not bored at all, I appreciated all the background information you gave. I wish I’d been more patient in my review and put those types of details in.

I also really wish I could kick this stupid nostalgia fetish!


It seems opinion is split between those expecting Alien (completely understandable because that film is perfection) and those going in with little or no expectations. That said some people found it boring as an action film.

I didn’t like Alien Resurrection but 3 is the worst and I think we should all avoid mentioning those awful Alien vs Predator films…

I hope I didn’t come off too strong with my first comment. When I was re-reading the outrageous bit I had an image of me red-faced with steam coming out of my ears and a spinning moustache (not that I have a moustache) 😛


Actually Alien 3 is the best in the series. That was David Fincher really flexing his directorial muscles. And also, it’s how you DO make a religious science fiction movie that’s blasphemous/beatific (as opposed to what Scott does which is to have the character push the big crucifix into the camera every five minutes)


I agree with everything you have said here. We saw it with a small audience that were mostly old enough to have seen the original films. Guess what we all did when we got to the ‘prequel’ bit? We laughed . . . I don’t think that was the intended reaction 😦

Good points: Guy Pearce and Michael Fassbender were both on top form and acting rings around the rest of the cast.

Bad points: Plot holes that you could fly an aircraft carrier through and stupidly stupid characters. As well as the ones you mentioned I particularly liked:

The lead character goes from an English accent as a child to a vaguely Scandinavian one as an adult.

They lose contact with the two guys in the structure during the storm, but the ‘pups’ are still uplinking data. Plus how did those guys get lost anyway, seen as one of them was the geologist in charge of mapping and had a wrist happy thing that he used earlier?

If these Engineers seeded life on Earth why does their DNA match ours? First, they look obviously different. Second, what about all the other life, which has DNA that doesn’t match ours? What about evolution?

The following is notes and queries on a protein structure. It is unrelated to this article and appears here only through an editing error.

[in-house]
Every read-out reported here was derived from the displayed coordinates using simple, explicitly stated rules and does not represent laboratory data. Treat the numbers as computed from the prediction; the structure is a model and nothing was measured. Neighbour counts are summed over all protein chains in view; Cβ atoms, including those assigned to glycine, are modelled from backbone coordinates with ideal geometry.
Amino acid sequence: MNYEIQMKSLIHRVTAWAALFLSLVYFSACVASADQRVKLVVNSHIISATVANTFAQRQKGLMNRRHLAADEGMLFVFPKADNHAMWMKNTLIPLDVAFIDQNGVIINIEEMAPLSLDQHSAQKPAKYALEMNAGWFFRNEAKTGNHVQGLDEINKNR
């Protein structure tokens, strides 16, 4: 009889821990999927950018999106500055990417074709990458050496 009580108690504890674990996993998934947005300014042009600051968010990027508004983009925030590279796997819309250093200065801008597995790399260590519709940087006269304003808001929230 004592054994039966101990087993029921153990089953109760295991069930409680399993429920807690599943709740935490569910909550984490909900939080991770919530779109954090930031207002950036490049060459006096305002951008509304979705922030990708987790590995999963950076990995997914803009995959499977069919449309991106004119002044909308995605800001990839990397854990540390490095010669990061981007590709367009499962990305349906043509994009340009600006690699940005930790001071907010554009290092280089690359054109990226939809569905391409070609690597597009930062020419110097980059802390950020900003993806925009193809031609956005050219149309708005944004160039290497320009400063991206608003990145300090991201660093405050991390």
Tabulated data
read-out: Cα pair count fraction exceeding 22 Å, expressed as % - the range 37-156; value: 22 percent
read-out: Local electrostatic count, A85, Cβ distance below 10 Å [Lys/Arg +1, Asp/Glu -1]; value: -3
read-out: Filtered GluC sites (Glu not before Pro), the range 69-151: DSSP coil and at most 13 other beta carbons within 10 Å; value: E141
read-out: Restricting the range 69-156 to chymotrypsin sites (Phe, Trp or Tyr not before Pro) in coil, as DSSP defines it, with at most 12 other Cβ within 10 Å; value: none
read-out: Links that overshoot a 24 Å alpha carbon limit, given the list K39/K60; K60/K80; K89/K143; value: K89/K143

Why are pyramids so damned impossible for early humans to build? Have you never watched a small child building with bricks? Why would the Engineers leave messages for us to follow and then try to kill us?

Arrgggghhh!!!!! My brain hurts and my science degree wants me to hit something!

What happened to Ridley Scott: did someone drop him on his head or something?


“Plus how did those guys get lost anyway, seen as one of them was the geologist in charge of mapping and had a wrist happy thing that he used earlier?”

was mucked up by the sandstorm, of course!! 😉

evolution, shcmevolution. what, are you some kinda smarty pants scientist or something?


Although I highly doubt they need my sympathy, I feel bad for Ridley Scott and Damon Lidelof. They have spent the past year screaming from the mountaintops that Prometheus is NOT an Alien prequel, and yet now it’s here and what happens – people are pissed that it’s not an Alien movie. And while I understand that’s the not the entire crux of your argument, I definitely see it in there (and even moreso in numerous other negative reviews I’ve read). Personally, I think what Scott was going for here – a completely different story set in the same universe – is much more interesting than what could have been a simple, lame prequel. Not once during any of the original Alien movies did I think “this is OK, but it would be so much better if I just knew where these things came from.” I think something many of this film’s detractors need to ask themselves is this – would you feel as negative about it if the Engineers were NOT the space jockeys from Alien, and Weyland was instead named Smith? If every bit of connective tissue from the Alien films was severed, would you look at this movie differently and perhaps be more forgiving of it? If that’s the case, then it’s again worth pointing out that that’s kind of what Scott was asking the audience to do anyway.